Time & Attendance
By Staff Report
Dec. 29, 2016
By Marcus Mossberger
While many people were surprised by Brexit, the United Kingdom’s decision to leave the European Union, I’m hoping you might consider another once-unthinkable idea — the case for HRexit.
Please note: I don’t mean the secession of the HR profession from the corporate landscape. Rather I’m highlighting the need to completely rethink the way that HR leaders serve the individuals and organizations we work for as a result of two main paradigm shifts: the role of technology in the evolution of work and the gig economy.
Let’s start with the second of these important changes. Some 51 percent of executives plan to increase or significantly increase the use of contingent workers in the next three to five years. In fact, already more than one-third of U.S. workers are freelancers, so this is hardly a new concept. But millennials are arguably the first generation to embrace the notion that “work” has evolved into a temporary construct that will continue to evolve and change more and more rapidly in large part due to technology.
Take Brent Lager, co-founder of community improvement nonprofit The Call KC (and a millennial). Lager decided early on in his career that stability took a back seat to purpose. While he has been working to get his organization off the ground he frequently takes temporary substitute teaching gigs or other project-oriented work to stay afloat.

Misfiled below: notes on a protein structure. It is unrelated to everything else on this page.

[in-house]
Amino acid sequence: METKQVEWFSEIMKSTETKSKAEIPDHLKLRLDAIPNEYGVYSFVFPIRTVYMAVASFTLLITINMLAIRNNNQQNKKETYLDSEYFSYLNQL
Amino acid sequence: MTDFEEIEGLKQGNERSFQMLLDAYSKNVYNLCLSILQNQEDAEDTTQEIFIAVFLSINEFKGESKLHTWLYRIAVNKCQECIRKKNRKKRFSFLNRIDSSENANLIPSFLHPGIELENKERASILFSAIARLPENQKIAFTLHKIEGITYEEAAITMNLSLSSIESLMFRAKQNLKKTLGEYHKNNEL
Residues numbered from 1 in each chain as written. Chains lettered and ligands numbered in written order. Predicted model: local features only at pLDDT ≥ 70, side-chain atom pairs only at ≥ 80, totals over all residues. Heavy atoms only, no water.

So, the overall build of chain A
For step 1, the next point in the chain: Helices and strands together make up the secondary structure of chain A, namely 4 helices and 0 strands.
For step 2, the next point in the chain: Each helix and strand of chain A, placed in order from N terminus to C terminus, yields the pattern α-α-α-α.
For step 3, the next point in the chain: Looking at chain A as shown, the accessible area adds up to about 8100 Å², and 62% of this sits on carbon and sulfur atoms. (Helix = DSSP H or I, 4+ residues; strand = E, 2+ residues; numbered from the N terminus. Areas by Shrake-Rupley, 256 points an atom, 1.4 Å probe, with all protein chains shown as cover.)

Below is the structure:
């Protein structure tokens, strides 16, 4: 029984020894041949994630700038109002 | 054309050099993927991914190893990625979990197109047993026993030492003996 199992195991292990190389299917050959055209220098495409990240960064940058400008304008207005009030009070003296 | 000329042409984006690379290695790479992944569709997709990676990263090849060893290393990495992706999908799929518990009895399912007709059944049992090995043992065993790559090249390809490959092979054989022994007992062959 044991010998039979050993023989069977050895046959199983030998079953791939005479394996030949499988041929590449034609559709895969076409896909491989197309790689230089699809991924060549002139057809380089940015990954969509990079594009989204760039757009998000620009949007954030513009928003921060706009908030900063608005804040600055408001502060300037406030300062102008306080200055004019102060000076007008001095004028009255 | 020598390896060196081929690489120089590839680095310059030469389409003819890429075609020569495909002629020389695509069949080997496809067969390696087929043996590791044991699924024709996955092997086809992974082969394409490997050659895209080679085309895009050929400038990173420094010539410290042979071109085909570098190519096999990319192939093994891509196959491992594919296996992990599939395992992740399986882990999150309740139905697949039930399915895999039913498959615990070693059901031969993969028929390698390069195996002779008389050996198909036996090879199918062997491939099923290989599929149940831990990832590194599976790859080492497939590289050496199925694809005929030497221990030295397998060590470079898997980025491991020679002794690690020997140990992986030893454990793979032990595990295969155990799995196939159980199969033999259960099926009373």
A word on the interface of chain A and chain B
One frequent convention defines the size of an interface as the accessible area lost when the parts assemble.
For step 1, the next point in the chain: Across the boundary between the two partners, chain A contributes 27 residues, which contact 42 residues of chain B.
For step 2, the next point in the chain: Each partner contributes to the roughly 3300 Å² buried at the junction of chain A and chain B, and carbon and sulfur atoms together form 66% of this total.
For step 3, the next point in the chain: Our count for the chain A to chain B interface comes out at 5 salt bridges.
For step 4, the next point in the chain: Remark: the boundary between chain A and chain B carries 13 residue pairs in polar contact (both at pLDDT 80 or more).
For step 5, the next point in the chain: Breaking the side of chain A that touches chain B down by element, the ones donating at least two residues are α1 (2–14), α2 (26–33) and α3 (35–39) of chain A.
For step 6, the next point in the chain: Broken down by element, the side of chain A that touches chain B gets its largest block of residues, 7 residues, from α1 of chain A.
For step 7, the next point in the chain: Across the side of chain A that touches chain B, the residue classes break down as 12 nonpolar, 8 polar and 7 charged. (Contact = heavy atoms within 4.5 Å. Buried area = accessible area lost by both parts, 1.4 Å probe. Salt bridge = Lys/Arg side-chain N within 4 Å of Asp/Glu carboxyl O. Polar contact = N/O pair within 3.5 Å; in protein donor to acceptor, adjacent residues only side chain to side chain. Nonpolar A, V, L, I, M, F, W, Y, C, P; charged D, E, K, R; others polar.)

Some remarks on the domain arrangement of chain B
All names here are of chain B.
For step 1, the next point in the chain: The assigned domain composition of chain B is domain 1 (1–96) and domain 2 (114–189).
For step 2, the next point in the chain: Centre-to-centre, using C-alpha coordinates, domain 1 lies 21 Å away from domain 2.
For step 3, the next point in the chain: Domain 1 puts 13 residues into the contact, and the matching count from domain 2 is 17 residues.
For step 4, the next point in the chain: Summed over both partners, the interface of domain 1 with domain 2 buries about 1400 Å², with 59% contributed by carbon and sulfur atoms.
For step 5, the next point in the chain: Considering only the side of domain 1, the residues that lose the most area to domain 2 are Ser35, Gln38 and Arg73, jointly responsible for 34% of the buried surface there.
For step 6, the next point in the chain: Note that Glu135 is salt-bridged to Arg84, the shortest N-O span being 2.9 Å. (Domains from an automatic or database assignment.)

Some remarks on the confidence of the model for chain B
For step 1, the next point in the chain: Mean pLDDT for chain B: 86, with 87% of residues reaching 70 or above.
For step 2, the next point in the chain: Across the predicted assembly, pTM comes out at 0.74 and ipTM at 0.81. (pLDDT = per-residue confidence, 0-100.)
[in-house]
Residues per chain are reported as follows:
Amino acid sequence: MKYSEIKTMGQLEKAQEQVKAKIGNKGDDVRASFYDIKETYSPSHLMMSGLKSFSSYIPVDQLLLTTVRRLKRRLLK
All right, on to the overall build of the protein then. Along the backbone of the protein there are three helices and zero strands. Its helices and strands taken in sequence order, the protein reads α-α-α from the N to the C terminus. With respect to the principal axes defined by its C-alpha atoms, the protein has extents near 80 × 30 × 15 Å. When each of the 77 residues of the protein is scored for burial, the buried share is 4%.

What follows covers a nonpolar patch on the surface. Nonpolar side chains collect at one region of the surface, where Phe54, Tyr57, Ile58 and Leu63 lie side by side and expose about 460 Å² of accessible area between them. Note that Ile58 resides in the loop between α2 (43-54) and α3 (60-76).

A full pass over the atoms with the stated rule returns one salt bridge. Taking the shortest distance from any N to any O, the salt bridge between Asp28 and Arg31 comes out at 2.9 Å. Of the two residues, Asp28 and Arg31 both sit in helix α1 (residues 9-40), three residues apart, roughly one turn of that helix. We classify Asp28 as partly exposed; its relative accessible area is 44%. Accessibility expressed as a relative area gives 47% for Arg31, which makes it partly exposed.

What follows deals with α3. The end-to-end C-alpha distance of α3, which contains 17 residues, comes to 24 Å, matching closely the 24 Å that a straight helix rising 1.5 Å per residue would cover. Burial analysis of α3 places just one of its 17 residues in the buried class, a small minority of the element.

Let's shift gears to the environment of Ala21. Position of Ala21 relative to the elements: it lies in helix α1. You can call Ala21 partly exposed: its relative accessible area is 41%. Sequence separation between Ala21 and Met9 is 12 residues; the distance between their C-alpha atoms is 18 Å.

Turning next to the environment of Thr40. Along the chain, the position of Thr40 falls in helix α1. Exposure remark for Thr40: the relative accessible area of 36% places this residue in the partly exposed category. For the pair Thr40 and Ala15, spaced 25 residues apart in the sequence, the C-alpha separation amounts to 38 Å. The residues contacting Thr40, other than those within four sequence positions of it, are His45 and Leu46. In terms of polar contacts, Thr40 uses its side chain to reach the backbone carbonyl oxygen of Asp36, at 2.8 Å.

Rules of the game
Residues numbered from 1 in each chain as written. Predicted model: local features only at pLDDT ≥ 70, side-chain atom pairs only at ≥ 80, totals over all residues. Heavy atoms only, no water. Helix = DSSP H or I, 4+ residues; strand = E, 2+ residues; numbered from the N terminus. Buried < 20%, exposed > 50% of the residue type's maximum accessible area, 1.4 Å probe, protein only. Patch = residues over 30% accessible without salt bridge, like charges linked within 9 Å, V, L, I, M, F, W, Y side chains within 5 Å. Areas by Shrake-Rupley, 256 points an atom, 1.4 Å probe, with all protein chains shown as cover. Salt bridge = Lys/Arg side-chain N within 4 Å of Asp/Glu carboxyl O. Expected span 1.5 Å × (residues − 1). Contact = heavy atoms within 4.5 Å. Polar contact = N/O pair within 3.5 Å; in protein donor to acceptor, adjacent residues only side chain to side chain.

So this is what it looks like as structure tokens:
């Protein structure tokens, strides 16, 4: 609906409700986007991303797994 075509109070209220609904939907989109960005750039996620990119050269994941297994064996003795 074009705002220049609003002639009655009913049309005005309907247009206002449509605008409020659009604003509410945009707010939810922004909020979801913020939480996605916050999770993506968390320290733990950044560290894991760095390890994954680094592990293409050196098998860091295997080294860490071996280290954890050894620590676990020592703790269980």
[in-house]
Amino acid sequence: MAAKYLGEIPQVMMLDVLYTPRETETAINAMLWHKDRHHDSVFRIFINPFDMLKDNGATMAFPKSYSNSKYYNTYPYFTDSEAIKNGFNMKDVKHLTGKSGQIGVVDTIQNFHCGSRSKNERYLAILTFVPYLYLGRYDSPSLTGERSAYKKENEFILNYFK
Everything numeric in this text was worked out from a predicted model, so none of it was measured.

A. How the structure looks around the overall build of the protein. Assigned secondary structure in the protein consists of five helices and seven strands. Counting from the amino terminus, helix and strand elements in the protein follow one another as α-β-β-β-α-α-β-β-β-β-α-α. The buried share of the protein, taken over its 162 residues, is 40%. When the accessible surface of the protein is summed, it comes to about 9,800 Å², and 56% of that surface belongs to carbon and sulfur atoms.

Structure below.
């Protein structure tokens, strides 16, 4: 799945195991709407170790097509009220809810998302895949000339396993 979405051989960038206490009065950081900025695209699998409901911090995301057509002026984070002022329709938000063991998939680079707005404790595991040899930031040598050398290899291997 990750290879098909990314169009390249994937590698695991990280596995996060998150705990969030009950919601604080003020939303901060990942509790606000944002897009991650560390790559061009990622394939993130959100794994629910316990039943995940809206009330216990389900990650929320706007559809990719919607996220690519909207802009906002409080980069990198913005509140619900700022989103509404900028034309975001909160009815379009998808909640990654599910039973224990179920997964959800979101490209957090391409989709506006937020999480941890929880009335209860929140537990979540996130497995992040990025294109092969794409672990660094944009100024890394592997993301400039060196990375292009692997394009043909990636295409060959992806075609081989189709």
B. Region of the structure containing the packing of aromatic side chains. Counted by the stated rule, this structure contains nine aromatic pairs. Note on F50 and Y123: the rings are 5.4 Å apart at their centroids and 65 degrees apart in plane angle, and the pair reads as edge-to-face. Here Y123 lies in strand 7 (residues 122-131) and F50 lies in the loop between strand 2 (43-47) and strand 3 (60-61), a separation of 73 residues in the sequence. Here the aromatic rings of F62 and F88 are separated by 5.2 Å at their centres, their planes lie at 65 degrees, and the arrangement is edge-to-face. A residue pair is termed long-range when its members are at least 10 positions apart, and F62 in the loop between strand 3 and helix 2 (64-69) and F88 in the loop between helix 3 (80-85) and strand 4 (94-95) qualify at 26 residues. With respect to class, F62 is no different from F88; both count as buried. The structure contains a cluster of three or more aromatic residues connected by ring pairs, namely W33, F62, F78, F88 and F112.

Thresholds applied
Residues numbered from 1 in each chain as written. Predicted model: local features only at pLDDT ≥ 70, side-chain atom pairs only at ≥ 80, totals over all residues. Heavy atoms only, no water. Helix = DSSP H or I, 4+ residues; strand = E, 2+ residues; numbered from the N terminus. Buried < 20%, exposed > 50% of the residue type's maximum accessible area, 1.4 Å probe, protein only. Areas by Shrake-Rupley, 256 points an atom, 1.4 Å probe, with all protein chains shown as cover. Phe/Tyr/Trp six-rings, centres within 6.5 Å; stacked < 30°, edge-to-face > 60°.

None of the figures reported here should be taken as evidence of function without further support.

“I have no illusion that there is an employer out there that will guarantee me a job for the next 20 years, and frankly I’d rather focus on ways I can give back to my local community than maintain a steady income,” he said.
The legal and regulatory challenges created by this new model have been well-publicized as organizations like Uber attempt to avoid the idea that their drivers are actually employees versus independent contractors. In reality, it won’t be long before this is a moot point, as Uber has made it clear — based on their technology investments — their long-term bet is on self-driving cars. Uber is arguably among the most fascinating organizations in the world considering the fact that they will acutely face these two paradigm shifts as intensely as any other company.
While Uber has HR professionals to perform traditional duties (for its actual employees), someone else is likely exploring the idea of replacing their drivers (their humans) with machines. It’s talent acquisition minus the talent. So where does that leave HR? There is arguably no simple answer.
The Deloitte report suggests that 76 percent of the executives surveyed expect automation will require new skills in the workforce in the next one to three years. So, we could refocus our efforts on the people side of our organizations and ignore the idea that artificial (not human) resources may well be best positioned to deliver results for our organizations. Or we can find a way to partner with IT, R&D and other internal stakeholders to completely reimagine how we create value for our employees and our shareholders.
The removal of menial tasks by robots and learning machines may be welcomed if we provide tools and resources for people to gain new, higher-level skills. And the ability to find and adopt new technology to remain competitive will become as important as any functional skill in the organization.
If HR doesn’t do it, someone else will.
Marcus Mossberger is senior director, health care HCM Strategy, at New York-based Infor. Comment below or email email@example.com.
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